Microsoft pitches cloud, phone apps to developers

At its Professional Developers Conference, Microsoft is talking up Windows Azure, Windows Phone 7, IE9, and HTML5

Microsoft CEO Steve Ballmer led Microsoft executives Thursday in promoting the company's Windows Azure cloud and Windows Phone 7 mobile platforms as key destinations for application developers.

Speaking at the company's Professional Developers Conference in Redmond, Wash., Microsoft executives detailed incremental improvements to development tools and Azure, including making the company's application lifecycle management server, Team Foundation Server, available in the Azure platform-as-a-service cloud. Also emphasized were efforts in HTML5 and the Internet Explorer browser.

[ Windows Phone 7 received a bad review from InfoWorld columnist Galen Gruman. | Check out InfoWorld's guide on how to use HTML5. | Keep up with the latest app dev news with the Developer World newsletter. ]

"The cloud is a backplane on which to program and rapidly deploy applications," said Ballmer.

"We've got a great opportunity for you and for us with Windows Phone," Ballmer said. Windows Phone 7 is Microsoft's entrant into the smartphone space, a space where Microsoft has trailed other companies, such as Apple, as far as mindshare.

In the cloud space, Microsoft's placement of TFS in the Azure cloud makes it easier to access, stressed Brian Harry, Microsoft technical fellow. "Today, you have to install TFS on premise," he said. With the cloud version, developers can just connect to their project and check out work items, Harry said.

"It's really no different than your TFS as you know it today," said Harry.

"Bringing TFS to Azure is a good way to show developers how a complex and sizeable application can be factored into the cloud," said analyst Al Hilwa of IDC. "This is going to be scrutinized by any developer who is seriously working on an Azure project."

A Community Technology Preview of TFS on Azure is due next year.  Microsoft stressed Azure is for both public and private cloud deployments.

For its Windows Phone 7 developer toolkit, Microsoft is adding a profiling tool for finding performance bottlenecks. The toolkit features free tools, such as Visual Studio Express and Expression Blend.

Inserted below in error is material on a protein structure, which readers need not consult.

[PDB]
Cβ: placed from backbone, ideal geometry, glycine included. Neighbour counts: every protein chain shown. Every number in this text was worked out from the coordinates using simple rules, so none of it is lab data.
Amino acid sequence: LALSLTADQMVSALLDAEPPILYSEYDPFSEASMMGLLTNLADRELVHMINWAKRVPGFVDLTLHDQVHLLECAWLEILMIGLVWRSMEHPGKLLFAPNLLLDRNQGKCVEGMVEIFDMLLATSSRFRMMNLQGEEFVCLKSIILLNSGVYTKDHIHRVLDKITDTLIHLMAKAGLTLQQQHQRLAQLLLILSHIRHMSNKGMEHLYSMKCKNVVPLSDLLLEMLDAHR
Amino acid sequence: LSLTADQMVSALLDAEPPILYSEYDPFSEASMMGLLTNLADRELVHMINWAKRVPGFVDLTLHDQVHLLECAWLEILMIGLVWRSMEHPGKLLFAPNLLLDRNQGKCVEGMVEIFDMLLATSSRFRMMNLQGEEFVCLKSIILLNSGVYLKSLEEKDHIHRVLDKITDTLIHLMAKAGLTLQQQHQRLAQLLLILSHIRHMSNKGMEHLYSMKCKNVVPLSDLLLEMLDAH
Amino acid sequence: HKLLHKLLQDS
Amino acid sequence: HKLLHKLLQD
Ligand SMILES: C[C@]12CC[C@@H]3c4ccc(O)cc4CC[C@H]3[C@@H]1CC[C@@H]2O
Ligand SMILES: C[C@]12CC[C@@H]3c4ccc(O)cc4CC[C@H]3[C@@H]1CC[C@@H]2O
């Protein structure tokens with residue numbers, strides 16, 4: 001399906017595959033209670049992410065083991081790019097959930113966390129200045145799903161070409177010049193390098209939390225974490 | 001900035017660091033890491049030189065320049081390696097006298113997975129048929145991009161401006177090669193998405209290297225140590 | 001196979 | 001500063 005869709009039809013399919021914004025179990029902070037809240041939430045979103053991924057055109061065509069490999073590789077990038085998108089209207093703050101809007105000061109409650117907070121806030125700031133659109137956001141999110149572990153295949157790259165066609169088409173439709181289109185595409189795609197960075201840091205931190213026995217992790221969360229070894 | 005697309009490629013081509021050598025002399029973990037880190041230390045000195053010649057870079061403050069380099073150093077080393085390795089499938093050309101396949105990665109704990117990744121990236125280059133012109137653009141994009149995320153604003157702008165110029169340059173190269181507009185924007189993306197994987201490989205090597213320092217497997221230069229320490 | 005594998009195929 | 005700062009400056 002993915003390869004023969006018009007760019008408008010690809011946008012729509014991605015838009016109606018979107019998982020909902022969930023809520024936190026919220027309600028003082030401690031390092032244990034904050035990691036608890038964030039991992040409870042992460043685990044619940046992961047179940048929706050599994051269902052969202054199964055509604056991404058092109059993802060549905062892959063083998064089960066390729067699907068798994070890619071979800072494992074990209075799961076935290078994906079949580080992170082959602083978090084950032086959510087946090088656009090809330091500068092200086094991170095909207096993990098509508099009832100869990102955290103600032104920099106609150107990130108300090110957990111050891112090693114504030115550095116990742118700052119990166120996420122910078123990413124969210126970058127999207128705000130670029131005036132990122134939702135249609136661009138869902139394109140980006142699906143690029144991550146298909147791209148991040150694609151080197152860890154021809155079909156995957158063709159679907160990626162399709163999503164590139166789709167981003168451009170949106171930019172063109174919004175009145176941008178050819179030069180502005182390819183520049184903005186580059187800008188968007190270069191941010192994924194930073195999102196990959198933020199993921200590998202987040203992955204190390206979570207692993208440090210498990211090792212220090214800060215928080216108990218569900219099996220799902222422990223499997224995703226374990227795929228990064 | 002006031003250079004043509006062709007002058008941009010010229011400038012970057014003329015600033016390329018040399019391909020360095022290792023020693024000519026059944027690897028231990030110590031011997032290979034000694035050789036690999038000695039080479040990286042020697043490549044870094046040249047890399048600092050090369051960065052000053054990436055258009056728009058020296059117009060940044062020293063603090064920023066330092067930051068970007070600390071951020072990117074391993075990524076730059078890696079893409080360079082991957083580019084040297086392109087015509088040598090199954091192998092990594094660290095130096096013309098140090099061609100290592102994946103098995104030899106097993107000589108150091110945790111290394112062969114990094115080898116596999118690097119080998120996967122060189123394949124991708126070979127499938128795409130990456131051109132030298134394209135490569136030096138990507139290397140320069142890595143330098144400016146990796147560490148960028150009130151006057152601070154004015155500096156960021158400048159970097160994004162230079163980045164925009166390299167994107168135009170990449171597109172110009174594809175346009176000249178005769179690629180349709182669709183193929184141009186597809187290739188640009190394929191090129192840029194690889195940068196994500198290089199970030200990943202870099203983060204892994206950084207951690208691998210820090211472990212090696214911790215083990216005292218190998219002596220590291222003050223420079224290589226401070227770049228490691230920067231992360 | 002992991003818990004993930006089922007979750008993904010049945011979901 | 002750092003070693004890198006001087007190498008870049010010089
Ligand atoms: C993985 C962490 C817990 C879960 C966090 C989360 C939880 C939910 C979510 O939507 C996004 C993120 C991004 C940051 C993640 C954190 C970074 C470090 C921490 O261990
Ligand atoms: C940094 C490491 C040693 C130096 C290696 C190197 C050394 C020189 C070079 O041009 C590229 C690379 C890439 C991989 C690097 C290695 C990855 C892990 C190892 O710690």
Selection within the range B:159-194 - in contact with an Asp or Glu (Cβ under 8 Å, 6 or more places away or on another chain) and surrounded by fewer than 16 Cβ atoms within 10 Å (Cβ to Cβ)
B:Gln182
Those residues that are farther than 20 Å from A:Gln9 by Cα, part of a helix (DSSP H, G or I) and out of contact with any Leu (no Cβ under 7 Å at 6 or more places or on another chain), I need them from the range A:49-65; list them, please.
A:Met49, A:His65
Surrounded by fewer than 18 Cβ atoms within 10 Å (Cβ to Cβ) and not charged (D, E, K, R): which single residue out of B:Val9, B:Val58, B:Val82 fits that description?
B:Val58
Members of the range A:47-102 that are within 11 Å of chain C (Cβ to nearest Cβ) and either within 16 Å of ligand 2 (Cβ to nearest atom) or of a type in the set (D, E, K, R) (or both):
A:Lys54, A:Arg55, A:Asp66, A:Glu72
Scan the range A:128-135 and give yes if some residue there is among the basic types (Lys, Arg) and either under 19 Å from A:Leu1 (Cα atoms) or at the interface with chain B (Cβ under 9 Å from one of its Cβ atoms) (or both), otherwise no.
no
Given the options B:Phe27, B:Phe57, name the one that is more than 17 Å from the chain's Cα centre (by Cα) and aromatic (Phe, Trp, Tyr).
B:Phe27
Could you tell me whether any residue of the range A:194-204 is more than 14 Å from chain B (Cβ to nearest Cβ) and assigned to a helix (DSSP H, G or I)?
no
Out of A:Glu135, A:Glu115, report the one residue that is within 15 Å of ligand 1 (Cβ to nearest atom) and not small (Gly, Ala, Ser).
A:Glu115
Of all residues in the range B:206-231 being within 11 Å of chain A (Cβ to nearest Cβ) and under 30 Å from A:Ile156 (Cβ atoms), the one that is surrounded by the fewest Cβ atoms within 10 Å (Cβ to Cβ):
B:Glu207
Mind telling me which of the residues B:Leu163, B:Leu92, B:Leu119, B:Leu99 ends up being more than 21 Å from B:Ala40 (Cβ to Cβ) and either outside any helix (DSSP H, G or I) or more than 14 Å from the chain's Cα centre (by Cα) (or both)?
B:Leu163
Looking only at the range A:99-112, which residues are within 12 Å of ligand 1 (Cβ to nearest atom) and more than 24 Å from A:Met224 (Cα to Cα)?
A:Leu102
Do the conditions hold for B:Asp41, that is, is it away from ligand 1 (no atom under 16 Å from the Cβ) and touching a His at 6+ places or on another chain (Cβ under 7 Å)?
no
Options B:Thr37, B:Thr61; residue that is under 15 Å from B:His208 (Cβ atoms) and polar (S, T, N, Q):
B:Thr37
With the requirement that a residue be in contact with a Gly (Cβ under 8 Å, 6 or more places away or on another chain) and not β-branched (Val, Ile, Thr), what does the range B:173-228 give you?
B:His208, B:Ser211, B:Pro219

"A profiler is a must for serious apps," Hilwa said. "Application momentum [for the phone platform] appears to be coming along nicely. We are all watching if the ramp-up speed for WP7 apps will match that of Android, for example."

Microsoft officials also stressed commitment to HTML5 and the upcoming Internet Explorer 9 browser.

"We've already passed 10 million downloads on IE 9, making it the most downloaded beta release of IE ever," Ballmer said.

The browser will leverage HTML5 capabilities such as canvas tags and audio. "IE accelerates the whole Web -- video, audio, text, SVG, canvas, and all the other graphics on your page," said Dean Hachamovich, Microsoft corporate vice president for Internet Explorer.

While the focus was on mobile, Web, and cloud computing, Ballmer also plugged Microsoft's bread-and-butter PC platform.

"The PC is the number one smart device on the planet today, and there's lots of innovation going on" Ballmer said. He again said there would be new form factors for the holiday season and beyond for the Windows PC, including netbooks and tablets. Microsoft has lagged behind Apple, in particular, in the tablet space, with Apple's iPad tablet becoming extremely popular.

Microsoft also rolled out other developments related to Azure:

  • Windows Azure Marketplace, including DataMarket, formerly known as "Project Dallas." Users can access demographic, financial, mapping, and entertainment data and other content. The marketplace is available now.

  • Windows Azure AppFabric Composition Model, to speed the process of assembling services by providing application deployment and management capabilities
  • Extra Small Windows Azure Instance, to ease the process of developing, testing and trial. The service is for developers to who want to run smaller applications Azure and is priced at five cents per compute hour.

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Paul Krill

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